Reader’s Edyn

I always felt like I could do something more than just read. Finally, I have found both a creative outlet and a chance to do something meaningful with my reading. This blog was created in appreciation of and tribute to all of the authors who have brought me joy through their books. These reviews are my way of giving back to authors and providing recognition for the hard work that each one completes every day!

Friday, June 7, 2013

Guest Post with author Laura Lee Nutt

Guest Post with author Laura Lee Nutt

Welcome back everyone! Today I have for you a story that sounds fantastic. I have yet to experience the world of Ms. Nutt, but I look forward to it. I love it when authors spin their own take on our classic tales told for generations. As soon as I heard the title I wanted to know more. Generally there remains a bit of the original story within, but you never know what will happen in the world an author creates. Such is the case with this story. Instead of me going on, how about I just go for it? Please allow me to introduce to the blog:



In elementary school, Laura Lee Nutt checked out every fairy tale in the library so often, if she picked something else, it was cause for curiosity. Even into adulthood, she nurtured her imagination with stories of fairies, true love, monsters, especially werewolves, and the fantastic, but she wondered what happened after “happily ever after.”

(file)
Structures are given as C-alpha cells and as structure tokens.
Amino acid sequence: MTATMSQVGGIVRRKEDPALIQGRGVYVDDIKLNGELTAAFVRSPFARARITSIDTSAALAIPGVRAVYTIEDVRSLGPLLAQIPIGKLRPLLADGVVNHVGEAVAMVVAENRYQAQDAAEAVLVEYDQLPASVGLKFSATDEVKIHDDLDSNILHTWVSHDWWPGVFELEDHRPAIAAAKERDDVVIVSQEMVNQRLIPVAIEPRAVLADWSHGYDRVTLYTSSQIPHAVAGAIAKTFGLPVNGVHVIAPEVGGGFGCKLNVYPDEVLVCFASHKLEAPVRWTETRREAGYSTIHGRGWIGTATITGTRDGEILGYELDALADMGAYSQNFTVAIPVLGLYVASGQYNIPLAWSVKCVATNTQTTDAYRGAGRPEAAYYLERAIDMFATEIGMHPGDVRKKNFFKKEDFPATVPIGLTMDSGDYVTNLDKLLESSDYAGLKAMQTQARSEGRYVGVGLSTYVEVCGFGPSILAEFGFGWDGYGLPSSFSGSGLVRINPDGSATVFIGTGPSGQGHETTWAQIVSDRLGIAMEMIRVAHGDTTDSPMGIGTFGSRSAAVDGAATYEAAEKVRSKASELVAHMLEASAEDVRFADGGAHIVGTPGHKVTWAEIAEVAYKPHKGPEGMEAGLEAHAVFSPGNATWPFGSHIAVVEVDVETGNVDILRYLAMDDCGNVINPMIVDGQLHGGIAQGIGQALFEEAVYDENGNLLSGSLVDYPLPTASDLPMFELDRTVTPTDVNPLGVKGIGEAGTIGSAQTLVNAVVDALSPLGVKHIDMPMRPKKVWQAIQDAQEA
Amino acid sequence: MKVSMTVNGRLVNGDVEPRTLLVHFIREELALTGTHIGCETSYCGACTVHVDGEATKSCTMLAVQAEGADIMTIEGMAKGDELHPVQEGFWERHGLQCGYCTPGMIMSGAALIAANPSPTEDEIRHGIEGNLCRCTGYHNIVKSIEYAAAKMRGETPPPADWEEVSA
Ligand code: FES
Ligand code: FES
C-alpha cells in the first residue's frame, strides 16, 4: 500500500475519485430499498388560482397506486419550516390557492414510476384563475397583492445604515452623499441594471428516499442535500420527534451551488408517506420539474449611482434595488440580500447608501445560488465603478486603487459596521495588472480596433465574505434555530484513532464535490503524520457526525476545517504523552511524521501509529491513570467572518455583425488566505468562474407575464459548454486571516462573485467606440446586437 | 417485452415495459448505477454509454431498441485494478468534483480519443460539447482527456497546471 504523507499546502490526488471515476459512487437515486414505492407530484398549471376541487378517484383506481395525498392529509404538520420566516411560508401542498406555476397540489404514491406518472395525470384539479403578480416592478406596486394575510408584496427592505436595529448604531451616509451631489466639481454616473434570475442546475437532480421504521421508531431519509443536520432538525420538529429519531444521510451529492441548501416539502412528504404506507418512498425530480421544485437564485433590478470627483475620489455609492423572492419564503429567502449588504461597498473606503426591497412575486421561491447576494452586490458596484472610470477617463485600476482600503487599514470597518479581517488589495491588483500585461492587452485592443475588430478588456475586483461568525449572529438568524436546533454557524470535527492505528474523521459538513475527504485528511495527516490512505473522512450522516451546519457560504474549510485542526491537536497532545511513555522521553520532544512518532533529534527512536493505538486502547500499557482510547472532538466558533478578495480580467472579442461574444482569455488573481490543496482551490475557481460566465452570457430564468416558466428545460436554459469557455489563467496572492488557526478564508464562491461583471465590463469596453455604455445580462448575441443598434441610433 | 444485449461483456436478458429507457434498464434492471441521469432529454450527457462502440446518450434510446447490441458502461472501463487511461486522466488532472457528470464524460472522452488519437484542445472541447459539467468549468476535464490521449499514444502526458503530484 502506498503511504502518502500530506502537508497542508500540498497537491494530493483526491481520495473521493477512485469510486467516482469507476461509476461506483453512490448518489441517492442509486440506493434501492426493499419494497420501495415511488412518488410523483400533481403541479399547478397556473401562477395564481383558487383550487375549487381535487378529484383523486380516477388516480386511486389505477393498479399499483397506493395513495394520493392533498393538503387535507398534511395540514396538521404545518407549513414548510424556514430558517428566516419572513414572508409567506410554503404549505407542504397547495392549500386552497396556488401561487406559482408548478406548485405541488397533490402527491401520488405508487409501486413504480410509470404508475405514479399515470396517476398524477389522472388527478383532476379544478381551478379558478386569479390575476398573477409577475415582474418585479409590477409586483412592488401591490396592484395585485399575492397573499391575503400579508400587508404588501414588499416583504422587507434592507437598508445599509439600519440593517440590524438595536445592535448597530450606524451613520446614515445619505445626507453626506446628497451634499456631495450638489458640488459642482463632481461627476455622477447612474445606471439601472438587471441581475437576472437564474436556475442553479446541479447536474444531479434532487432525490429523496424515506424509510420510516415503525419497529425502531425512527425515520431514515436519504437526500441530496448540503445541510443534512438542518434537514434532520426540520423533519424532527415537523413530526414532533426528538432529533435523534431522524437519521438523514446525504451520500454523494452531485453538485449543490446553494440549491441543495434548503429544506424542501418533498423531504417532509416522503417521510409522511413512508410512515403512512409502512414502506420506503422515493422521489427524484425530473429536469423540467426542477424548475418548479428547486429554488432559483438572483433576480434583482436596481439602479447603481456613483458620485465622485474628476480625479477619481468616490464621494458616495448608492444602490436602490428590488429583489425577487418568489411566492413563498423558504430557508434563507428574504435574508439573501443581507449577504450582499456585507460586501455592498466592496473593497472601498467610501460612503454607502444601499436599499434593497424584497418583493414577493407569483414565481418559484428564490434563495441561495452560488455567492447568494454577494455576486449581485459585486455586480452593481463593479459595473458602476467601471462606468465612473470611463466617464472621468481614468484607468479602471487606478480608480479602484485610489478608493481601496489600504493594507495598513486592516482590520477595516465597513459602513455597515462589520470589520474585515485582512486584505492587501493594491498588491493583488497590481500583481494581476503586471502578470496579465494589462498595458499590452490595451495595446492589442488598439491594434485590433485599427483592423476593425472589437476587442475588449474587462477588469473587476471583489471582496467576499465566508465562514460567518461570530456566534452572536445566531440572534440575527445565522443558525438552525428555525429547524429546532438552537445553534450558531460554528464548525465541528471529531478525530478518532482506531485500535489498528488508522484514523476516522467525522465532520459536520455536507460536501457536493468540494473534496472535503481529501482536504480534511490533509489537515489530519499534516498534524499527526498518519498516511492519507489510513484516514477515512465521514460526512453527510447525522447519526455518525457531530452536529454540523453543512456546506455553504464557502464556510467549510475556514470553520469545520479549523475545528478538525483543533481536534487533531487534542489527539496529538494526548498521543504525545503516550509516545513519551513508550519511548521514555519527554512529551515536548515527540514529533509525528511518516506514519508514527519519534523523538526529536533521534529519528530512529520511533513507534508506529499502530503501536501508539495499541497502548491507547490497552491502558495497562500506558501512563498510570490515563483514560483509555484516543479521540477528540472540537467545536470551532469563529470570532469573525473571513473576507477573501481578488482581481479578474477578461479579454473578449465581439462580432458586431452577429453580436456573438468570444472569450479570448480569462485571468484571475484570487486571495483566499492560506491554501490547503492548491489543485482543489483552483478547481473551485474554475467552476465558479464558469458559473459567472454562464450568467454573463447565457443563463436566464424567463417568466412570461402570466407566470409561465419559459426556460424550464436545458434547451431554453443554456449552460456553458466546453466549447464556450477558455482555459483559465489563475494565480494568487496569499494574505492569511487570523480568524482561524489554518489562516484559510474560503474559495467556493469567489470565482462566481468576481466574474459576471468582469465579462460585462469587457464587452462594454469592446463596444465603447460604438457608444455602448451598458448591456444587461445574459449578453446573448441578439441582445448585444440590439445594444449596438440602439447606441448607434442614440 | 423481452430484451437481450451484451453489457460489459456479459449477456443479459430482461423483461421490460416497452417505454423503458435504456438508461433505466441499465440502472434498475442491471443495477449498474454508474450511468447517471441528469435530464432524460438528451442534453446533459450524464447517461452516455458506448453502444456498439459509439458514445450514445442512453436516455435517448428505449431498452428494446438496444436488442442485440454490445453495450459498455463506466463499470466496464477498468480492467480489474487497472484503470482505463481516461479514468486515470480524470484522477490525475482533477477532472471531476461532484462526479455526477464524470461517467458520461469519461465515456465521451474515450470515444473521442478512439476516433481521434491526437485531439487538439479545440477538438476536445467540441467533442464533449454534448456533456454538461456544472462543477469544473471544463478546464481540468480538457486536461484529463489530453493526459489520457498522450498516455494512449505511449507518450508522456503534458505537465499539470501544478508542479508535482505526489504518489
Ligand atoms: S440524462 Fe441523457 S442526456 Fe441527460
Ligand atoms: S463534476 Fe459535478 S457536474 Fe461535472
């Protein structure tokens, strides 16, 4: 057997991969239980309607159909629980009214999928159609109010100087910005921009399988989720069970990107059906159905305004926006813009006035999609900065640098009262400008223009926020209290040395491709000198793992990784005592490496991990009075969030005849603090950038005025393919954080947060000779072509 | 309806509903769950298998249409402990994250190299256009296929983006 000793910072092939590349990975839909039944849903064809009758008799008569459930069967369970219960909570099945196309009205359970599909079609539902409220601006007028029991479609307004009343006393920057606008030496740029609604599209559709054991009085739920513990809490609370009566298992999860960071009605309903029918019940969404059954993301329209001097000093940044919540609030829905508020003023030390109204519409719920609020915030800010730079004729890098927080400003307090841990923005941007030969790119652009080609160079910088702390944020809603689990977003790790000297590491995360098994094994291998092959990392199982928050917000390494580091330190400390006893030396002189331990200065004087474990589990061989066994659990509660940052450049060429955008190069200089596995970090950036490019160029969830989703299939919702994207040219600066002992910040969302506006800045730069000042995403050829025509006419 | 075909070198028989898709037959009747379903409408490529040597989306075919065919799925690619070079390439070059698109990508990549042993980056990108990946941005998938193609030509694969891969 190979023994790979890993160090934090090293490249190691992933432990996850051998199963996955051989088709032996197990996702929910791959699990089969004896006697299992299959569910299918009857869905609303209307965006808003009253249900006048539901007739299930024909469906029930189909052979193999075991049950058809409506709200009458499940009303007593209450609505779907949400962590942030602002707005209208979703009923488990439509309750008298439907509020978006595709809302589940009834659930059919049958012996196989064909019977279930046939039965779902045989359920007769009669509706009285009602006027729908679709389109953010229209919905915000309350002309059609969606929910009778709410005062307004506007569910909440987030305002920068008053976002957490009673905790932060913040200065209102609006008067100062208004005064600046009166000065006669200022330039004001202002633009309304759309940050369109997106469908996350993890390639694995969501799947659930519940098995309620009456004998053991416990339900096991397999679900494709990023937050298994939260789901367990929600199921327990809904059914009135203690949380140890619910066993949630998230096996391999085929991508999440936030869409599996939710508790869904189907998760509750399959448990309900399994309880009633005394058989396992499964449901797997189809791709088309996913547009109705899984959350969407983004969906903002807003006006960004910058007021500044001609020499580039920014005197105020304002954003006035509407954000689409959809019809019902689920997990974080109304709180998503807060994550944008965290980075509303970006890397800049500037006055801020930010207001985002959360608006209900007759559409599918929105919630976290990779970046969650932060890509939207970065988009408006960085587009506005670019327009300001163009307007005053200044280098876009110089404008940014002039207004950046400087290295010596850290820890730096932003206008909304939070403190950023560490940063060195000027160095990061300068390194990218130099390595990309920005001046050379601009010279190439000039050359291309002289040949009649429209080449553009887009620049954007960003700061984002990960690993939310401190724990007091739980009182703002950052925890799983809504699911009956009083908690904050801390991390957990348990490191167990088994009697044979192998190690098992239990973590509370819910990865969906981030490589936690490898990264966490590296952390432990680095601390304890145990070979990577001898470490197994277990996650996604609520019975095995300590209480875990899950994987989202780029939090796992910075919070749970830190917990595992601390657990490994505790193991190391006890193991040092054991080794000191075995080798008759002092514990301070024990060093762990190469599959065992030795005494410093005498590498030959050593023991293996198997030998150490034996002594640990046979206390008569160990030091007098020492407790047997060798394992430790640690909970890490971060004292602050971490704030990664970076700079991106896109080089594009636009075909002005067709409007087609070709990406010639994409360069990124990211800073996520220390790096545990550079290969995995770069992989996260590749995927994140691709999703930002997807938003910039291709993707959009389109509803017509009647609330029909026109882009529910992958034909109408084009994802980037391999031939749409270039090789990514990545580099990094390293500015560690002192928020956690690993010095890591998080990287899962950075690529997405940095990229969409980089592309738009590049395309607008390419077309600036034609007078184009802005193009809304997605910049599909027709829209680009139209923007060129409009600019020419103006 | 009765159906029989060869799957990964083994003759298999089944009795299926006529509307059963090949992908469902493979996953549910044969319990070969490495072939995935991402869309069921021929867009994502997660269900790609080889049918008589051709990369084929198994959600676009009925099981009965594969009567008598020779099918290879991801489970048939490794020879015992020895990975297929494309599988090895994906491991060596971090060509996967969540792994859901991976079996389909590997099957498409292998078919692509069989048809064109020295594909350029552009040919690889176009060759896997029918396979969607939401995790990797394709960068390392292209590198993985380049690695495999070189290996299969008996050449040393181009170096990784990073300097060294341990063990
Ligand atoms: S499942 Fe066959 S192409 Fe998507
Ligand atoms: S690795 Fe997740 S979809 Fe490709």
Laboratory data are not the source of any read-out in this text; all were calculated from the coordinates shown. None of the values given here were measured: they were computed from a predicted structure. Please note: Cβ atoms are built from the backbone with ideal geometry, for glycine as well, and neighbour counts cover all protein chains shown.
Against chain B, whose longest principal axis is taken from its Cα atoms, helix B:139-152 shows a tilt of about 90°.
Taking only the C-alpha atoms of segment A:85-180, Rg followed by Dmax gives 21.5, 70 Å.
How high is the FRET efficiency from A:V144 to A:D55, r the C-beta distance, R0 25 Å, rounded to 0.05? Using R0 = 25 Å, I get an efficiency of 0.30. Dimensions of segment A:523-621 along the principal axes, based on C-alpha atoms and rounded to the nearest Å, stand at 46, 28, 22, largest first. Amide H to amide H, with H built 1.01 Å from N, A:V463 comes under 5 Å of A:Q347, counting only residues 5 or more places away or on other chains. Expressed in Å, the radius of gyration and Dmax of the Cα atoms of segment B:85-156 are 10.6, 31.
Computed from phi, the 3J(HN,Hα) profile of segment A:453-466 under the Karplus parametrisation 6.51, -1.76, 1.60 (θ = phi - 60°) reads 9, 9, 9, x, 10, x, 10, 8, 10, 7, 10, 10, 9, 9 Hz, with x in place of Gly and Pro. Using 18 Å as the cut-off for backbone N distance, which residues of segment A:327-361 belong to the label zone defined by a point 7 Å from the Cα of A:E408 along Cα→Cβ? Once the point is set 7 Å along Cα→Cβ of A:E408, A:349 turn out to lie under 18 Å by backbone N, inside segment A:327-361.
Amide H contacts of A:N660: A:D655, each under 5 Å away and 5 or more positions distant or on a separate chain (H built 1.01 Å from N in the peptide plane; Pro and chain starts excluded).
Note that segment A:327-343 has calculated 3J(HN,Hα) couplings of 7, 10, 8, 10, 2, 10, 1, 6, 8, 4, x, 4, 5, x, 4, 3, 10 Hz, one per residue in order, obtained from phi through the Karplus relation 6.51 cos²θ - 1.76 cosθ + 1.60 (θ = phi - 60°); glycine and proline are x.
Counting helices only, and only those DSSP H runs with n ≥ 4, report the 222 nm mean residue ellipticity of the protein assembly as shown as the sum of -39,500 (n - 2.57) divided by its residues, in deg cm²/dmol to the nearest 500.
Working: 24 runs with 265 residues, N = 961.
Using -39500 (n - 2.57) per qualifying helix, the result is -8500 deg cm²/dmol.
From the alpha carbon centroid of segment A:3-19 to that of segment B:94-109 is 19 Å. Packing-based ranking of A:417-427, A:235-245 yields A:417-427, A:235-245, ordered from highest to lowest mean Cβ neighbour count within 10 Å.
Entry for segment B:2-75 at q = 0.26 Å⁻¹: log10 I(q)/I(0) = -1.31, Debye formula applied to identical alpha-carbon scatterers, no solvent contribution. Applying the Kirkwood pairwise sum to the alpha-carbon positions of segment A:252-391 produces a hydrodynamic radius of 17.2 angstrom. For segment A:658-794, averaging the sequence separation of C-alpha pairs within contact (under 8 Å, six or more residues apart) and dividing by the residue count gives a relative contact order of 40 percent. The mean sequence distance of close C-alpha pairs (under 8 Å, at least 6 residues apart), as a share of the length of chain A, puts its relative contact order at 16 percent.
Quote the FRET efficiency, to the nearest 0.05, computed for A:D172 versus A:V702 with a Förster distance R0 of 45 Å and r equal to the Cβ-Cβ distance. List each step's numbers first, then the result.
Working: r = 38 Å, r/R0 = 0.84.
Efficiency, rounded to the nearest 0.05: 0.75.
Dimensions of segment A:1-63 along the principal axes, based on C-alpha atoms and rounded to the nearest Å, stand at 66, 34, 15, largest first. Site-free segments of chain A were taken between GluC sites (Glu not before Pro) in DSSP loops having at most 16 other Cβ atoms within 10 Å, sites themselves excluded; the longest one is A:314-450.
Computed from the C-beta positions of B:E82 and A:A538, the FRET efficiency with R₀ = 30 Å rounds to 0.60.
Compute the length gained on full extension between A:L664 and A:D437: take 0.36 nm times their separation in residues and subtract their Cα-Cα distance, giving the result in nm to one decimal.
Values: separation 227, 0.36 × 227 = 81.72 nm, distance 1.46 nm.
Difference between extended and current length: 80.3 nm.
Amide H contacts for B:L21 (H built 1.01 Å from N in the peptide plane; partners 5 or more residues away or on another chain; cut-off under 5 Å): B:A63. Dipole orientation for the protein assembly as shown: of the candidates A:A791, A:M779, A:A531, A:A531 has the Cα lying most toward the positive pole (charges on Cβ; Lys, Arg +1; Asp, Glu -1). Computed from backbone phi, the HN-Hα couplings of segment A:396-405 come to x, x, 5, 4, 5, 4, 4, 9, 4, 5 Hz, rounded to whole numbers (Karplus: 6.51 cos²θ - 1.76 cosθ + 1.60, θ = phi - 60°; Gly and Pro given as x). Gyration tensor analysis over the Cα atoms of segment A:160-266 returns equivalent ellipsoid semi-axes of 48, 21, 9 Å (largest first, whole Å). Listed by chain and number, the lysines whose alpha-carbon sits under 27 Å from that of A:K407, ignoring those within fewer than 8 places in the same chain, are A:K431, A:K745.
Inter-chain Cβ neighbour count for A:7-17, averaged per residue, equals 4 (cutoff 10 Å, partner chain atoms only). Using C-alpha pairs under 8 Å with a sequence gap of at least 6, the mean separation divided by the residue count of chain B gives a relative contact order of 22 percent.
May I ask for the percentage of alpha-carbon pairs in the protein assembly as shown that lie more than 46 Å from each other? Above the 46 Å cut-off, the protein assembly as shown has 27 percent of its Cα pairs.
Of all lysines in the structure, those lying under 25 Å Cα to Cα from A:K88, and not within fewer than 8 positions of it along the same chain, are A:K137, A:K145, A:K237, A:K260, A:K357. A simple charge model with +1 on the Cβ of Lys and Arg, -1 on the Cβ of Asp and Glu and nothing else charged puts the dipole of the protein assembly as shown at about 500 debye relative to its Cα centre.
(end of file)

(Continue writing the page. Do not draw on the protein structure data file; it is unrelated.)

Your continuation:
This curiosity and catching an illness one chill winter day brought her before a blank computer screen, desperately desiring to write something new. Heinrich, Blanchette, and Karl swiftly spun the tale you just read. Laura feverishly typed, barely fast enough to keep up. 

Once Red and the Wolf was born, other stories coalesced in Laura’s mind, Beauty and the Beast, Sleeping Beauty, Hansel and Gretel, all asking the same questions: What might happen if the end of these tales wasn’t really the end? What were these characters’ lives really like after the harrowing events of the fairy tale? What if achieving true love and happiness required something extra? Thus came the idea for this series, Embracing Ever After, where achieving true love requires something special and happily ever after isn’t really the end.

You can find out more about Ms. Nutt at the following places:

**Embracing Ever After Series**


They said Little Red Riding Hood lived happily ever after. They lied.

Six years after the attack at her grandmother’s cottage, Blanchette still wilts at the sound of a wolf’s howl. The scent of pine rising from the Black Forest surrounding her home is a constant reminder of the beast’s assault and the injury it left on her finger. After years spent hiding away, Blanchette’s world tilts when she wakes--naked and without memory of the previous night--in the forest, instead of behind the safety of her closed shutters. 

Since rescuing Blanchette and her grandmother, huntsman Heinrich has befriended her family by day, and keeps watch as a powerful wolf over his territory by night. Sinister otherworldly creatures constantly threaten his domain and the human village he protects.

When the emperor sends a hunter to investigate the attack and slay any inhuman beings, Heinrich must tread carefully and protect not only himself, but his newly-discovered mate, who prowls the moonlit nights alongside him. He must also determine who is responsible for a string of murdered villagers, proving he can control his lupine nature and offer protection to the village, rather than danger.